Research: Malaria transmission intensity and dynamics of clinical malaria incidence in a mountainous forest region of Ghana

October 30, 2013 - 16:05 -- Ingeborg van Schayk
Author(s): 
Kingsley Badu, Ruth C. Brenya, Christian Timmann, Rolf Garms, Thomas F. Kruppa
Reference: 
MWJ 2013, 4, 14

Malaria transmission was assessed in four villages with different micro-ecological features in the forest zone of the Akwapim-Mampong Range in Ghana. Human landing catches(HLC) of mosquitoes were conducted and Plasmodium falciparum circumsporozoite rates were assessed by ELISA. 

Research: Community perception of malaria and its influence on health-seeking behaviour in rural Ghana: a descriptive study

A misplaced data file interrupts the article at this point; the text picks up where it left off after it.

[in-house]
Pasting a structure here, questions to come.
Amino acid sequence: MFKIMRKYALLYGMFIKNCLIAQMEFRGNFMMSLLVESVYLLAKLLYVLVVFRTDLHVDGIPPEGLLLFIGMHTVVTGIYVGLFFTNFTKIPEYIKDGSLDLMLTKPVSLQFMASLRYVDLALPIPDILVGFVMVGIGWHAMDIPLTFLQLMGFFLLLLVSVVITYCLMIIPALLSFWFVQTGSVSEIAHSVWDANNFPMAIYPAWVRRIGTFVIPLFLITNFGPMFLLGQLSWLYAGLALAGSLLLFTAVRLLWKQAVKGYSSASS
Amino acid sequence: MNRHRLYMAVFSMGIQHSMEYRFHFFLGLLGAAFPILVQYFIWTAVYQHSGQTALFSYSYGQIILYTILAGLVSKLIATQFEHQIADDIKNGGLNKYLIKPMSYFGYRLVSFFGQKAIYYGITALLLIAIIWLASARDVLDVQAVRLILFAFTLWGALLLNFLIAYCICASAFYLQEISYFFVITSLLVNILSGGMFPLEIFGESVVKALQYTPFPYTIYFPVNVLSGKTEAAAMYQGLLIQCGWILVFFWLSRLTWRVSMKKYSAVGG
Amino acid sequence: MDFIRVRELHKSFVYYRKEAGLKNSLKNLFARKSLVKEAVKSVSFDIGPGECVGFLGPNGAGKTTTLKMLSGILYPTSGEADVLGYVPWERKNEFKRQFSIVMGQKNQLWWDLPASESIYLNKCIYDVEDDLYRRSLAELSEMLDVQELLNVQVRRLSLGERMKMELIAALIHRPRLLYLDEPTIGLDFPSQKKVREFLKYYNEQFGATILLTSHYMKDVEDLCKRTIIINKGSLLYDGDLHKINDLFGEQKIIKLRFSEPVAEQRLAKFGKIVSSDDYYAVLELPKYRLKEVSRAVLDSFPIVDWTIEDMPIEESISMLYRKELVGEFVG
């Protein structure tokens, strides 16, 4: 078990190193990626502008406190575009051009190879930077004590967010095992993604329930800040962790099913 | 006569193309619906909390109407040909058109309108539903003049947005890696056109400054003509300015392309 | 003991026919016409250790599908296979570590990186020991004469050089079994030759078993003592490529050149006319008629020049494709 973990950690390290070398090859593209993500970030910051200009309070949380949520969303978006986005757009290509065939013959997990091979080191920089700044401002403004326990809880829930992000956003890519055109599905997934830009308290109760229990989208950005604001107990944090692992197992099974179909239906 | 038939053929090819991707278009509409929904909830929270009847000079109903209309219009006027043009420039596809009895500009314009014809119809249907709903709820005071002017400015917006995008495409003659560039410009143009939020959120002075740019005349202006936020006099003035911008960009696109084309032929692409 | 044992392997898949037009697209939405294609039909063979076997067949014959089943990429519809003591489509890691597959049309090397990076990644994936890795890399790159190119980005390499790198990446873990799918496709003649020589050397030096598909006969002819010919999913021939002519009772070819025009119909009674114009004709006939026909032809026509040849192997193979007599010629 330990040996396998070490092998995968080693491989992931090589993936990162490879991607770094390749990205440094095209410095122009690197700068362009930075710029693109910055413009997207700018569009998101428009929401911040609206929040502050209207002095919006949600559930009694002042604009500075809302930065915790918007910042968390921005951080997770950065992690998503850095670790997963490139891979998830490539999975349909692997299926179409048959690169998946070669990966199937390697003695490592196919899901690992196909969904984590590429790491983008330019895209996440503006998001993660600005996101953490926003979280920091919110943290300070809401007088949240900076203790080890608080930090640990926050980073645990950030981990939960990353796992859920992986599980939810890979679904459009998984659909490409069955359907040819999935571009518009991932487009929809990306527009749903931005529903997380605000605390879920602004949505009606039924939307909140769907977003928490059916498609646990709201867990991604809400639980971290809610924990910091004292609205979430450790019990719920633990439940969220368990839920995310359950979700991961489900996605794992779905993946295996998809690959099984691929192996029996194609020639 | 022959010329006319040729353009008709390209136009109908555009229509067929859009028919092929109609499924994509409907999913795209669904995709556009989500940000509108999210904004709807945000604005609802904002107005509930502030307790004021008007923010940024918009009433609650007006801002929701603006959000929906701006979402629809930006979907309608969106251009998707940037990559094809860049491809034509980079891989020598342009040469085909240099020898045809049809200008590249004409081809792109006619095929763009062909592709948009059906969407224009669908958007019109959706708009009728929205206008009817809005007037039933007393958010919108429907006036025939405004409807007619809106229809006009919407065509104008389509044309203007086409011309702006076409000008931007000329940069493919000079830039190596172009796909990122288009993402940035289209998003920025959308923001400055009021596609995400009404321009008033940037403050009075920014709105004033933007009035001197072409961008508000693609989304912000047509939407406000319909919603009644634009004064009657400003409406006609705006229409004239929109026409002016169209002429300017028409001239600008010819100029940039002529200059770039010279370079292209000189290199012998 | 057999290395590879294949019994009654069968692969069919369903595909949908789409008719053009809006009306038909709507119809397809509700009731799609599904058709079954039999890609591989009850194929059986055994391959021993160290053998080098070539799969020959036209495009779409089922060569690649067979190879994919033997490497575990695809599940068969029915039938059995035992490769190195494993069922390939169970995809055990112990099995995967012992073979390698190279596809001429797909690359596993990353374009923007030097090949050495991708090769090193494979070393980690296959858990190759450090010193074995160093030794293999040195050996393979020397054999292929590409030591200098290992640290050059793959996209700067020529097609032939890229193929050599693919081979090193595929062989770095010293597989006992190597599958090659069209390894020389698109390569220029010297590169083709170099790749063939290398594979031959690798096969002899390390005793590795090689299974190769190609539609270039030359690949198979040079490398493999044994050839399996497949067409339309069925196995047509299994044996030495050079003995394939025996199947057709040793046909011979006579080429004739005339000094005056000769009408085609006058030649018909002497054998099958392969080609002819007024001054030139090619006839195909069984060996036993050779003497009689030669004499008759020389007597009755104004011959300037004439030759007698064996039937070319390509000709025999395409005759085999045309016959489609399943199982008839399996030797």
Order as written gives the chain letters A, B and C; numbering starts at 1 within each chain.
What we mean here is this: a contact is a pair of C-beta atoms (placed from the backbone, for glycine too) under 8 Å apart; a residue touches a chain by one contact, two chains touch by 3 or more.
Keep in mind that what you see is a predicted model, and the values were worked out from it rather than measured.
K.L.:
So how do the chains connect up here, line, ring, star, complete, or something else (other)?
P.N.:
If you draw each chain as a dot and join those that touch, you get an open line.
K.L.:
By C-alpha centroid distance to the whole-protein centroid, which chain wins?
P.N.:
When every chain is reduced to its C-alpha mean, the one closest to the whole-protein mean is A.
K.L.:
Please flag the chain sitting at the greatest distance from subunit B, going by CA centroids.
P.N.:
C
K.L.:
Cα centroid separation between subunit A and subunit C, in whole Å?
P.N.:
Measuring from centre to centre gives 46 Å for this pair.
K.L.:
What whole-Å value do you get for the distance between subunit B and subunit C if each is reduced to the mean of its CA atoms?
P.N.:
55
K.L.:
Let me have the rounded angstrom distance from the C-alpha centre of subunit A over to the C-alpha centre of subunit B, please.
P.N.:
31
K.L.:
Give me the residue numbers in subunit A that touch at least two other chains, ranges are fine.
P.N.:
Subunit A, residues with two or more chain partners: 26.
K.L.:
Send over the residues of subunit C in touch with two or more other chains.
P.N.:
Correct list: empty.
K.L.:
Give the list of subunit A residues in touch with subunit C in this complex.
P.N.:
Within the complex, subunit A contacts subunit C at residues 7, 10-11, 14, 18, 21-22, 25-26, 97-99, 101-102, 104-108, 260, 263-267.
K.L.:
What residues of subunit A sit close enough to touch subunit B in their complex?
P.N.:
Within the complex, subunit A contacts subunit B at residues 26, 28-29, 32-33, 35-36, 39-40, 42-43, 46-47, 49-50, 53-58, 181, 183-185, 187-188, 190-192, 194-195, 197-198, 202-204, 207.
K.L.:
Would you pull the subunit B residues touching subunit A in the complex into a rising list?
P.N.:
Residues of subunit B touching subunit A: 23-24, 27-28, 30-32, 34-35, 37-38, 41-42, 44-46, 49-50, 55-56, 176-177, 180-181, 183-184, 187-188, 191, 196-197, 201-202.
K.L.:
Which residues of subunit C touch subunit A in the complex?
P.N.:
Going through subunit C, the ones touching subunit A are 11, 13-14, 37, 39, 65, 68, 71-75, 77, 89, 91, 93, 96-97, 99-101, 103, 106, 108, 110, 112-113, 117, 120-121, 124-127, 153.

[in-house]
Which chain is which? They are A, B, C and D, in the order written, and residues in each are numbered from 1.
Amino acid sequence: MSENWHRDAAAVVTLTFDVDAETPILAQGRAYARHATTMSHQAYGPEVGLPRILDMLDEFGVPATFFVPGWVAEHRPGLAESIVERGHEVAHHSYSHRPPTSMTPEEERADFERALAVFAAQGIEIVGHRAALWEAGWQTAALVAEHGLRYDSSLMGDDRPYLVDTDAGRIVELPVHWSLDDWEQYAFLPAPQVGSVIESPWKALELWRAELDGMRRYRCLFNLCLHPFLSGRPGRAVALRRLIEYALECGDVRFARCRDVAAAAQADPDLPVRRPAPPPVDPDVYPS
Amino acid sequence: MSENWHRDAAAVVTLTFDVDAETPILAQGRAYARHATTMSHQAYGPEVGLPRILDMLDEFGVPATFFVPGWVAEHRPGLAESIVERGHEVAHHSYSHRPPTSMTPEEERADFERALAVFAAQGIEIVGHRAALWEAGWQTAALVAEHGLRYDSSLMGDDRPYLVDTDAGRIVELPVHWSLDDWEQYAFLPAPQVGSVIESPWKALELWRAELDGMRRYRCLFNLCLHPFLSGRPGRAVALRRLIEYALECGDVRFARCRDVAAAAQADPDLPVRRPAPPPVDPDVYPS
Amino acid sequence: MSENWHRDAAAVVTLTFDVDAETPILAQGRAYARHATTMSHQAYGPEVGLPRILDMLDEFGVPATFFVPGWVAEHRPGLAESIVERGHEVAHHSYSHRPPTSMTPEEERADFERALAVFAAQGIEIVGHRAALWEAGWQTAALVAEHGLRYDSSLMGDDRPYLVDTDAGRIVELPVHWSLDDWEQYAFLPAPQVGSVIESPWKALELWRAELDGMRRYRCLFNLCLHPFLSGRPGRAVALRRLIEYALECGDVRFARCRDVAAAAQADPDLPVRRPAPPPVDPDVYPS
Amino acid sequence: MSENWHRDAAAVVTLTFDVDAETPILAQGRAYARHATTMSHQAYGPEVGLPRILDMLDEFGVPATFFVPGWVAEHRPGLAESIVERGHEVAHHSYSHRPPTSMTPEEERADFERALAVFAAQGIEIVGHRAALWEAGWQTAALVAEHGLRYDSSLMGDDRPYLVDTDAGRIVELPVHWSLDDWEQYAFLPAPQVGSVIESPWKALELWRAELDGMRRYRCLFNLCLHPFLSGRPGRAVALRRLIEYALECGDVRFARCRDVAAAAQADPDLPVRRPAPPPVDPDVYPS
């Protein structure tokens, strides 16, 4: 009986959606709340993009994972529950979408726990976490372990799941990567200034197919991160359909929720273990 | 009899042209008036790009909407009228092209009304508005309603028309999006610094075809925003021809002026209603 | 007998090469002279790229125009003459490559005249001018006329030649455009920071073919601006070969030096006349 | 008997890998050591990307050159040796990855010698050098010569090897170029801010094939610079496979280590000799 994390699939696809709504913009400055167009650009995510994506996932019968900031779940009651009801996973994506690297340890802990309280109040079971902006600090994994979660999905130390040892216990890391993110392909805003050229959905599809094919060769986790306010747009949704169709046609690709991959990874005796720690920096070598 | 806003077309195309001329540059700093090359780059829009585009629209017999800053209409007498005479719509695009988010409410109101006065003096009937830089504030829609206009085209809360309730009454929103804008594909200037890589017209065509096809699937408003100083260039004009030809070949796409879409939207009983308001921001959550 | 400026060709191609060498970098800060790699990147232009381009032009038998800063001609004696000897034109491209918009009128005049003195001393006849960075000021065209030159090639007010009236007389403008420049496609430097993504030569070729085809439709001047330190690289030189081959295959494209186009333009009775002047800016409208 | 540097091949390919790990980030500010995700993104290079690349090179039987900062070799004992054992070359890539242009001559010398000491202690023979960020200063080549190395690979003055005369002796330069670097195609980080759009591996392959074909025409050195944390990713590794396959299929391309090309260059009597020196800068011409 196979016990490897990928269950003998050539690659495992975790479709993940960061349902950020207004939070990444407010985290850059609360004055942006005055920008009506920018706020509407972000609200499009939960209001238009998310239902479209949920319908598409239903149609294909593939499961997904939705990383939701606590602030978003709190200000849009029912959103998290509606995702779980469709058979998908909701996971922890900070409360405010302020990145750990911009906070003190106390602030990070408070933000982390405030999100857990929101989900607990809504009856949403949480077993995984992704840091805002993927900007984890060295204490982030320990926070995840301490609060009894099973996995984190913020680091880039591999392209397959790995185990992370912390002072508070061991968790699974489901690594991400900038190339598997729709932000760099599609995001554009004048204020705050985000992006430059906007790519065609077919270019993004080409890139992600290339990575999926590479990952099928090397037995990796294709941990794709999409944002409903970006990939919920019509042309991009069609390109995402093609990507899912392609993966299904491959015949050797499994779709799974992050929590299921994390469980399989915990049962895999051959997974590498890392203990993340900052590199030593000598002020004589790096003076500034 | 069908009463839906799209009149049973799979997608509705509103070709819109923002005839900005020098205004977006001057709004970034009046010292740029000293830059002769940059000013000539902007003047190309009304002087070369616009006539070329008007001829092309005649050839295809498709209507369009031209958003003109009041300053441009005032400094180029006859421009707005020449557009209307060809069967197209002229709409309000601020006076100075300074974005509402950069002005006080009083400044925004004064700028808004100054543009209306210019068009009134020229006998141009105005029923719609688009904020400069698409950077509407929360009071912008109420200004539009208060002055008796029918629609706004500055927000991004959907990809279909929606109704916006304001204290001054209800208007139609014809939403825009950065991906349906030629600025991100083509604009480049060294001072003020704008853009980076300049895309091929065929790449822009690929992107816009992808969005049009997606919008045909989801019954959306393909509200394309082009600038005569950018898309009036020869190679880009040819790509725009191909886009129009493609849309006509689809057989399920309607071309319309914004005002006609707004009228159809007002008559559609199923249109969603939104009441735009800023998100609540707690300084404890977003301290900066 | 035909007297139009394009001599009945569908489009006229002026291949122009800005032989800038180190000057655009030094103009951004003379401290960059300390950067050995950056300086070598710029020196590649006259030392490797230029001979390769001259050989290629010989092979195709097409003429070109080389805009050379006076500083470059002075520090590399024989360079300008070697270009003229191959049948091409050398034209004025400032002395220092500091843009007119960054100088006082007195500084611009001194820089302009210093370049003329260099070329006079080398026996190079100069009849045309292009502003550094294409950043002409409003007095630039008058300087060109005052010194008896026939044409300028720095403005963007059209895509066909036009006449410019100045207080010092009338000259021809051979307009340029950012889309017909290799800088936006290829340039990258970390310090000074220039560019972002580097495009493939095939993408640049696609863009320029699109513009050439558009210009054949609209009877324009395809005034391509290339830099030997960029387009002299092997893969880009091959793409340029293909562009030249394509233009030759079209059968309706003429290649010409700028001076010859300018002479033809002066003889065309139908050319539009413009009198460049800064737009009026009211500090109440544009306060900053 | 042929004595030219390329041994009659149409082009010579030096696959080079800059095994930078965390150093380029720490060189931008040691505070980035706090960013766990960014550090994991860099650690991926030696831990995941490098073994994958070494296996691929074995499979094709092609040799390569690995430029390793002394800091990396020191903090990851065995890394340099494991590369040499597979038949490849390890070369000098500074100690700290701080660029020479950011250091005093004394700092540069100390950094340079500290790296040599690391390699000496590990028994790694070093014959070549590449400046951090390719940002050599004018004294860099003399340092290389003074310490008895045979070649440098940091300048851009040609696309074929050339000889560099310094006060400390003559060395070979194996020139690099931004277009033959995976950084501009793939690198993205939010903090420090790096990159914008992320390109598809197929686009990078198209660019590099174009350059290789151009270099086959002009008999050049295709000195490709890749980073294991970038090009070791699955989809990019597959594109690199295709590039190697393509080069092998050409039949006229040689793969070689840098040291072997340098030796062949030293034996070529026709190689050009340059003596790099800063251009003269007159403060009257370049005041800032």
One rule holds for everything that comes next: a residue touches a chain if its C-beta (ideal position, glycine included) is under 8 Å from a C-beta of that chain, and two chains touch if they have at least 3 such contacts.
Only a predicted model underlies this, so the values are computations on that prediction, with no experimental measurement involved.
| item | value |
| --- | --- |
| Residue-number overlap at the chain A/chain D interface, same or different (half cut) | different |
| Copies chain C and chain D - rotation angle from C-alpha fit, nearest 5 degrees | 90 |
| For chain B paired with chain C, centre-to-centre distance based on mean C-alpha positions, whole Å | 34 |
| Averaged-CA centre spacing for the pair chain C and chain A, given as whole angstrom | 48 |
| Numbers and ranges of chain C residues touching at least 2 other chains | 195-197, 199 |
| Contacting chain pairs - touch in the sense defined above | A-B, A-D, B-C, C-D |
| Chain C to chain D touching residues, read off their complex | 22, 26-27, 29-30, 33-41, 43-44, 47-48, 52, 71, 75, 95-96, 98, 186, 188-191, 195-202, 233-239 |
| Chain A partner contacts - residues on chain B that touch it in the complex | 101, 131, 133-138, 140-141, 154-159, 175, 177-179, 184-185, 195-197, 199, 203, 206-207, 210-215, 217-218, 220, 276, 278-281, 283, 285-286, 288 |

January 8, 2013 - 10:02 -- Bart G.J. Knols
Author(s): 
Alexander Suuk Laar, Amos Kankponang Laar, Philip Ayizem Dalinjong
Reference: 
MWJ 2013, 4, 1

This article is the outcome of a descriptive cross-sectional study that assessed local perceptions on malaria and health seeking behaviour among inhabitants in the Kassena-Nankana district in the Upper East Region of Ghana. A total of 120 respondents were included in the study through a systematic random sampling procedure of households. The majority (65%) of respondents had awareness about malaria and linked it to mosquito bites.